Vegas, Baby, Vegas: Looking for Jesus in All the Wrong Places

Posted on: September 30th, 2012 by Thaddeus Williams 1 Comment

Before there was Fifty Shades of Gray, before Hunger Games, before Harry Potter, there was the Bible—history’s undisputed bestseller (with over five billion copies more than its closest rival, Quotations From Chairman Mao). Yet human history’s bestseller is also the most distorted, misinterpreted, and misapplied literature in the history of our small race. The Bible has been what the Dutch theologian and astronomer Albert Pighius famously described as a proverbial “nose of wax,” molded and contorted to fit the profile of human traffickers, war mongerers, power-hungry religious institutions, and anyone else who wants to forge a divine signature of approval over their dehumanizing ideologies. As a free tip for aspiring cult-leaders: The best way to twist the Bible into divine warrant for your own agenda is to adopt an interpretive methodology that glosses over the original, historic, intended meaning of the text (e.g., the Inquisitors who burned heretics alive would have a hard time vindicating their actions as divinely sanctioned if they took seriously what Jesus actually meant when he said “Love your enemies”). How many historical travesties unleashed under the waving banner of “Thus sayeth the Lord” could have been averted if people actually took the time and did the historical homework to hear what the Lord actually did “sayeth?” As French philosopher and math whiz Blaise Pascal reminds us, "Men never do evil so completely and cheerfully as when they do it from a religious conviction."

I was recently reminded of just how waxy we can make the Bible when reading the following words of a popular teacher: “There are several levels of understanding in the Bible. You can just read it and understand what it says on the surface, but there’s a whole lot deeper stuff, like these Bible codes.” If the devil published a warfare manual I wouldn’t be surprised to find these words inside: “Sidetrack people from studying the messages the Enemy has spoken by sending them on wild goose chases for secret messages the Enemy has not spoken. To get them hooked for the chase, convince them the secret messages are God-spoken and add a heavy dose of sensationalism and end-of-the-world insight.”

Consider a case-in-point. The same teacher cited above calling us to “a whole lot deeper stuff” went on to popularize the notion that God has revealed the “gospel story in stone” in the structure of Egypt’s Great Pyramid. He conjectures:

·  The 153 steps of the narrow way match the 153 fishes gathered in John 21:11, which may be a reference to all nations of the earth gathering into the kingdom of God (See John 21:11).

·  The king’s chamber is on the 50th row of stones; 50 was the year of Jubilee (See Lev. 25:11)….

·  Although most have been torn off, the pyramid was originally covered with 144,000 polished casing stones, the number of witnesses in Revelation 7…

·  The cornerstone at the top is missing, symbolic of Christ, the rejected chief cornerstone (Dan. 2:45; Ps. 118:22; Matt. 21:42; Mk 10:12). The 5-sided cornerstone may represent the number of grace.

Let’s apply the same methodology this teacher uses with the Great Pyramid to another great pyramid: Las Vegas’ Luxor Hotel and Casino. I have found the following striking parallels (that I want you to know about before my front-page findings hit the press). Brace yourself:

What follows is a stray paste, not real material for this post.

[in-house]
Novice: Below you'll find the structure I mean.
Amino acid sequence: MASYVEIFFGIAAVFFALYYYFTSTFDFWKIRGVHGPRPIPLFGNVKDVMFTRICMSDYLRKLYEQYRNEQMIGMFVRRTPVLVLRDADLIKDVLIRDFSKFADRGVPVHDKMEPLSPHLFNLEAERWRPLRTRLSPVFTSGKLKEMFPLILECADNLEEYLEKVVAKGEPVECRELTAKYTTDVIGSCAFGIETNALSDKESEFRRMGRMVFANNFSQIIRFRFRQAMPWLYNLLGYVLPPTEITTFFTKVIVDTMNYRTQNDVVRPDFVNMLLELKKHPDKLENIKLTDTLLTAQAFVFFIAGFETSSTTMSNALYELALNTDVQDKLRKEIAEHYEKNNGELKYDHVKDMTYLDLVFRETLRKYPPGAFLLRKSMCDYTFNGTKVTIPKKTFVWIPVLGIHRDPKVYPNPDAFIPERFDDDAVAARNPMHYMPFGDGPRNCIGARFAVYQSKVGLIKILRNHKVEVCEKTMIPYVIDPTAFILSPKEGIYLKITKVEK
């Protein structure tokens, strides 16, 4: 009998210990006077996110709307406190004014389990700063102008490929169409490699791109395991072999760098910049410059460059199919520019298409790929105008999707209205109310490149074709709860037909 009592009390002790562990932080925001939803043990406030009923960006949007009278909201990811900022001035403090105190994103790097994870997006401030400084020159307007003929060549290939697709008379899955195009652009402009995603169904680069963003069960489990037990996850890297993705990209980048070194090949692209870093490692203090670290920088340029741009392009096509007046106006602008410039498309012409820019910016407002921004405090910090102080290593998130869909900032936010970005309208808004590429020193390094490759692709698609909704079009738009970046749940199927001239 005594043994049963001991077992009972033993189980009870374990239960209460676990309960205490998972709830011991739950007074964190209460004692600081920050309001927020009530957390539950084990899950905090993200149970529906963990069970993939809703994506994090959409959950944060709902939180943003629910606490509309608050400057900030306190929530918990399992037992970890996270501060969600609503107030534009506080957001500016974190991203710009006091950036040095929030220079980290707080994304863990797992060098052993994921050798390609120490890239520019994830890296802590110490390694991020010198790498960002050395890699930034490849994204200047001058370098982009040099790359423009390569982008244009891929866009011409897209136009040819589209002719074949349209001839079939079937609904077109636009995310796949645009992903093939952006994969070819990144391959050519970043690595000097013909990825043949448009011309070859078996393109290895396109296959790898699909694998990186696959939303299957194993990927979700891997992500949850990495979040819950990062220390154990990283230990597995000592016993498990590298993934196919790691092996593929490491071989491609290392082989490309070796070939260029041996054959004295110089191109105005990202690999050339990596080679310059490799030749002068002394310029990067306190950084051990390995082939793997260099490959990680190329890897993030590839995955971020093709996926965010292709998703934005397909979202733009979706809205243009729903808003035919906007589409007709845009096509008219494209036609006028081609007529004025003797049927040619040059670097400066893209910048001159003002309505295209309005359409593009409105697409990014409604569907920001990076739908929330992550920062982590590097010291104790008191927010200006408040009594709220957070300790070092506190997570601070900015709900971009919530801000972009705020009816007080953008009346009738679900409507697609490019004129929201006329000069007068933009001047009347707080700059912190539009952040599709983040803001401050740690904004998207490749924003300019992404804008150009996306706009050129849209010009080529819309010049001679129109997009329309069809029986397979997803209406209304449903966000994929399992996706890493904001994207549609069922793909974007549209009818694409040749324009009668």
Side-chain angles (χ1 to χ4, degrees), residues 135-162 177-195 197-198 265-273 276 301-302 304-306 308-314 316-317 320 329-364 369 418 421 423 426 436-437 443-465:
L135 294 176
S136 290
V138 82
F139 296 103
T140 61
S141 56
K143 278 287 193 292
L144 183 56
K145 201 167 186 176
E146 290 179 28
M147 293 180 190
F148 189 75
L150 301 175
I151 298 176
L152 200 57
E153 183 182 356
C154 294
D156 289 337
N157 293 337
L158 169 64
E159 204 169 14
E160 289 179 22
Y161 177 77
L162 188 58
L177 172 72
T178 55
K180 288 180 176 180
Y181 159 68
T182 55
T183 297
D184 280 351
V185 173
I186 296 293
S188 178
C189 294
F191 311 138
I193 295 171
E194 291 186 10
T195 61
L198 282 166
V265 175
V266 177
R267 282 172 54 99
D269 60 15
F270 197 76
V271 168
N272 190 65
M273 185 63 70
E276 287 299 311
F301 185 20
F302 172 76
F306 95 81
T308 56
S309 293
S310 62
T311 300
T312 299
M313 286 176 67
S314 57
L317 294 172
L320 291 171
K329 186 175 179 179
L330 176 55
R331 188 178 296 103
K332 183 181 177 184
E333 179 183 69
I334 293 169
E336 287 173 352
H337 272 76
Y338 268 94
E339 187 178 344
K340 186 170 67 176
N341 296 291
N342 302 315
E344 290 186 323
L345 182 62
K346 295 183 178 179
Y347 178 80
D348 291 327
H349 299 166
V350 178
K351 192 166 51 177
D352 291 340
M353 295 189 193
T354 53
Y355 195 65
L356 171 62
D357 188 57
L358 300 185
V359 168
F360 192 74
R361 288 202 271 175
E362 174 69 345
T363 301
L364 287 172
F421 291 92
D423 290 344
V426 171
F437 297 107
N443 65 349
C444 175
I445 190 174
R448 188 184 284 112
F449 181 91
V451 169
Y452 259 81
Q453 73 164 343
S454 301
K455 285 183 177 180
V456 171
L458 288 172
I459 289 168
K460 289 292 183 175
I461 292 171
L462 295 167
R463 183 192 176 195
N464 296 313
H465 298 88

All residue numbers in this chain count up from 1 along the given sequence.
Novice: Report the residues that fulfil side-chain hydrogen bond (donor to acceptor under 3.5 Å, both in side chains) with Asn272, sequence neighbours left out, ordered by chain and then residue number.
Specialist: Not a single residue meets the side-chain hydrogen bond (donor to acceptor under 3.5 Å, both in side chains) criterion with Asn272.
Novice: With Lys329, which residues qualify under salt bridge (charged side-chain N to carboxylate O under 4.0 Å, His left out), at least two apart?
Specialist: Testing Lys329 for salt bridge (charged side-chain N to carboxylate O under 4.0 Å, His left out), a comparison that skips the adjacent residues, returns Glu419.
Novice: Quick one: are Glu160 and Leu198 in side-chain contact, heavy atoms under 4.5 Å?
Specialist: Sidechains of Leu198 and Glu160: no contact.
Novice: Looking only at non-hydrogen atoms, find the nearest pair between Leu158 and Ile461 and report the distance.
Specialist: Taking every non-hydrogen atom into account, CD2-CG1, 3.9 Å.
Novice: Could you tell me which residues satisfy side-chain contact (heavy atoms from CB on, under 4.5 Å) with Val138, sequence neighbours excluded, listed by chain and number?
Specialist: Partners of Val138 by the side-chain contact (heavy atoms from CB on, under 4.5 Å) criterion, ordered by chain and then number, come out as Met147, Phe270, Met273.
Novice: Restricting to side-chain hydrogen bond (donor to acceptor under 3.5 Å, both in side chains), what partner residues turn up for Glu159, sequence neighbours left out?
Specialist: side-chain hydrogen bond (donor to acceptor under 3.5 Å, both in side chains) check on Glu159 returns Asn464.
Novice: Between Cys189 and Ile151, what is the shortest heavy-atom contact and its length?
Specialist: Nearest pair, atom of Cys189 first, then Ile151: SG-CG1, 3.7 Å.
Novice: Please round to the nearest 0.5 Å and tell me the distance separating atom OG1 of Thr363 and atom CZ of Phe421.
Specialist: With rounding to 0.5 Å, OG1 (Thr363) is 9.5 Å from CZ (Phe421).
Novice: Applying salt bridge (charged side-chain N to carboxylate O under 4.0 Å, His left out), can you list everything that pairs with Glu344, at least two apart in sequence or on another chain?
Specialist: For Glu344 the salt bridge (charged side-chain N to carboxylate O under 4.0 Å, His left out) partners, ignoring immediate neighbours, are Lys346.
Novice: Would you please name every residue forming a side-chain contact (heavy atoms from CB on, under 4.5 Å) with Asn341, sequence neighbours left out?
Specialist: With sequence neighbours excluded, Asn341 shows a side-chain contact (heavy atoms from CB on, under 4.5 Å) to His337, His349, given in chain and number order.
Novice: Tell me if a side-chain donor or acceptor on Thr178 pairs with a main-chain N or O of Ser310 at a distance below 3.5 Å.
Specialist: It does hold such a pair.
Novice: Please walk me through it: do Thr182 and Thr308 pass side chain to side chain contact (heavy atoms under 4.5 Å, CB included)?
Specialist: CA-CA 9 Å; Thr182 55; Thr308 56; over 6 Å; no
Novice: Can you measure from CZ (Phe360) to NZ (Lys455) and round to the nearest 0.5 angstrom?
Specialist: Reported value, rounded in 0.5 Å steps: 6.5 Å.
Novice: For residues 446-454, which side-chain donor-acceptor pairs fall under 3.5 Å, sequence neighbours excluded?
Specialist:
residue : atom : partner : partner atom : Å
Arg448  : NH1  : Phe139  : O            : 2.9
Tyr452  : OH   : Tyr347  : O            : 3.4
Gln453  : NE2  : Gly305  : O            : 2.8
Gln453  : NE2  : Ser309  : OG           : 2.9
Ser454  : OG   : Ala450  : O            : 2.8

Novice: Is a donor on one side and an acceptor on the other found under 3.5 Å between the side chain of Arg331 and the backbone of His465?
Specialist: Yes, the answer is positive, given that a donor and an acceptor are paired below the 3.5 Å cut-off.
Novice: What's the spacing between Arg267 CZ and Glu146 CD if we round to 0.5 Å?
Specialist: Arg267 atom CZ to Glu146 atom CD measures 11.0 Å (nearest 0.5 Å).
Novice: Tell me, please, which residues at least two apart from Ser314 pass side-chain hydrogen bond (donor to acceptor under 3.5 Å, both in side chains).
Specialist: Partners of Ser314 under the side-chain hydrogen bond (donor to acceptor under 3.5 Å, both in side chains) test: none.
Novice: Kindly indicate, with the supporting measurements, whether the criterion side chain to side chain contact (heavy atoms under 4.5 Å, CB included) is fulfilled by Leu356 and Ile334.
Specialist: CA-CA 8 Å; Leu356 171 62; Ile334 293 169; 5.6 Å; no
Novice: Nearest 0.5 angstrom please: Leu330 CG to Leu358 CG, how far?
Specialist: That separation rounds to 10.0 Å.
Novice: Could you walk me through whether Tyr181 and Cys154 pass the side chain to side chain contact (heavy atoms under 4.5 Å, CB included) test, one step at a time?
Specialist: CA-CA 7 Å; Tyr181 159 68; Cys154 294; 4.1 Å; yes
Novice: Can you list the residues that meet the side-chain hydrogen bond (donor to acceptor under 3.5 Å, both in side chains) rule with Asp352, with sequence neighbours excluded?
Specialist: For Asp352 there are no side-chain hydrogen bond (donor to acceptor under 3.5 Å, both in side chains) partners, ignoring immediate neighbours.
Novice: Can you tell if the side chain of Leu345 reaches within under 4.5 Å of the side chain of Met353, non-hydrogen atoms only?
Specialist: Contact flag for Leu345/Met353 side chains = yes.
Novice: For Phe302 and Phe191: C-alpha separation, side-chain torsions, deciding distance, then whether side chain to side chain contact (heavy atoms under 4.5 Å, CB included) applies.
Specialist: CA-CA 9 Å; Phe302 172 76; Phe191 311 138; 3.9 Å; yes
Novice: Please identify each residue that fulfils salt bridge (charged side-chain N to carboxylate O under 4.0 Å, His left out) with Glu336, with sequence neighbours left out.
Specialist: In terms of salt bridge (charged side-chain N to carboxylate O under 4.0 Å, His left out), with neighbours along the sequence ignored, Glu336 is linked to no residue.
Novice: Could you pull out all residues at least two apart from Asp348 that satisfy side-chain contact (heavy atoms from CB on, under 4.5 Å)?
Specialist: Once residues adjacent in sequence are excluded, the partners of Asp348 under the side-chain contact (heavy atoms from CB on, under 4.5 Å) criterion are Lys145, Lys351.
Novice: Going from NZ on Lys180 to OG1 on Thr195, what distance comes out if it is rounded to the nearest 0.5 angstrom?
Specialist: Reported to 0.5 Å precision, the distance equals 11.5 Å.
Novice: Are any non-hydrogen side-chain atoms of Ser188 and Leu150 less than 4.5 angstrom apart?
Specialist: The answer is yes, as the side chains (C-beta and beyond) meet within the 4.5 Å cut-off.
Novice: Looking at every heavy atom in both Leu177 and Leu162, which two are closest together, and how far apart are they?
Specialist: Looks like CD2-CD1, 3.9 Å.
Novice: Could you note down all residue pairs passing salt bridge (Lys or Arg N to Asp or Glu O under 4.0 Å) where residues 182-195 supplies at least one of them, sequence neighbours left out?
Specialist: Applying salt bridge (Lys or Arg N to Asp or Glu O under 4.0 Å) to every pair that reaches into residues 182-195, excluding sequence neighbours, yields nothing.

·  The casino/gambling area of the Luxor is 120,000 square feet. 120,000 was the same number of Midianite troops who fell at the hand of Gideon, Israel’s deliverer in Judges 8:10.

·  The Luxor houses an Imax theatre with a 7-story screen. With 7 loaves of bread Jesus fed about 4,000 men (coincidentally there are approximately 4,000 rooms and suites in the Luxor hotel), after which the disciples collected 7 basketfuls of leftovers (Luke 15:35-38). 7 may also represent the number of completion or fulfillment.

·  Like the Great Pyramid, the Luxor also has no cornerstone. Moreover, the tip of the Luxor pyramid emits the brightest beam of light in the world. Christ, the rejected chief cornerstone (Dan. 2:45; Ps. 118:22; Matt. 21:42; Mk. 10:12) repeatedly claimed to be the “light of the world” (see John 8:12, 9:5, 12:40).

The point is this: the “gospel story” is no more contained in Egypt’s Great Pyramid than it is in Las Vegas’ Luxor Hotel and Casino. It’s right where it has been for thousands of years—the Bible. Jesus never sat down with a secret decoder ring to count Hebrew letters in a hunt for hidden messages, or tallied steps and stones to decipher gospel truths. Jesus studied and taught the plain Scriptures, and so must the church in the 21stcentury. We must prayerfully and diligently do our homework to discover and apply what God and the forty human authors he enlisted to tell His story are actually saying. Let us not get distracted by esoteric fun and games. I’ll close with a salient reminder from Bible scholar, J. Paul Tanner:

“The so called Bible code has no biblical warrant and is not substantiated when carefully examined….People do not need some “biblical crossword puzzle.” Instead they need to read and meditate on the revealed truths of God’s holy Word. They need to be engaged in Bible Study to learn the marvelous truths that God has revealed, rather than being diverted by the speculative counting of letters” (“Decoding The Bible Code,” in Biblioteca Sacra, vol. 157:626, April-June 2000, 159).

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  • Jesse Hawkins

    Dude, I used to do this all the time. I may have told you about my “spirit walks” back in high school. Yeah, that’s when I figured out that God has already revealed all that He wants to generally reveal through His word.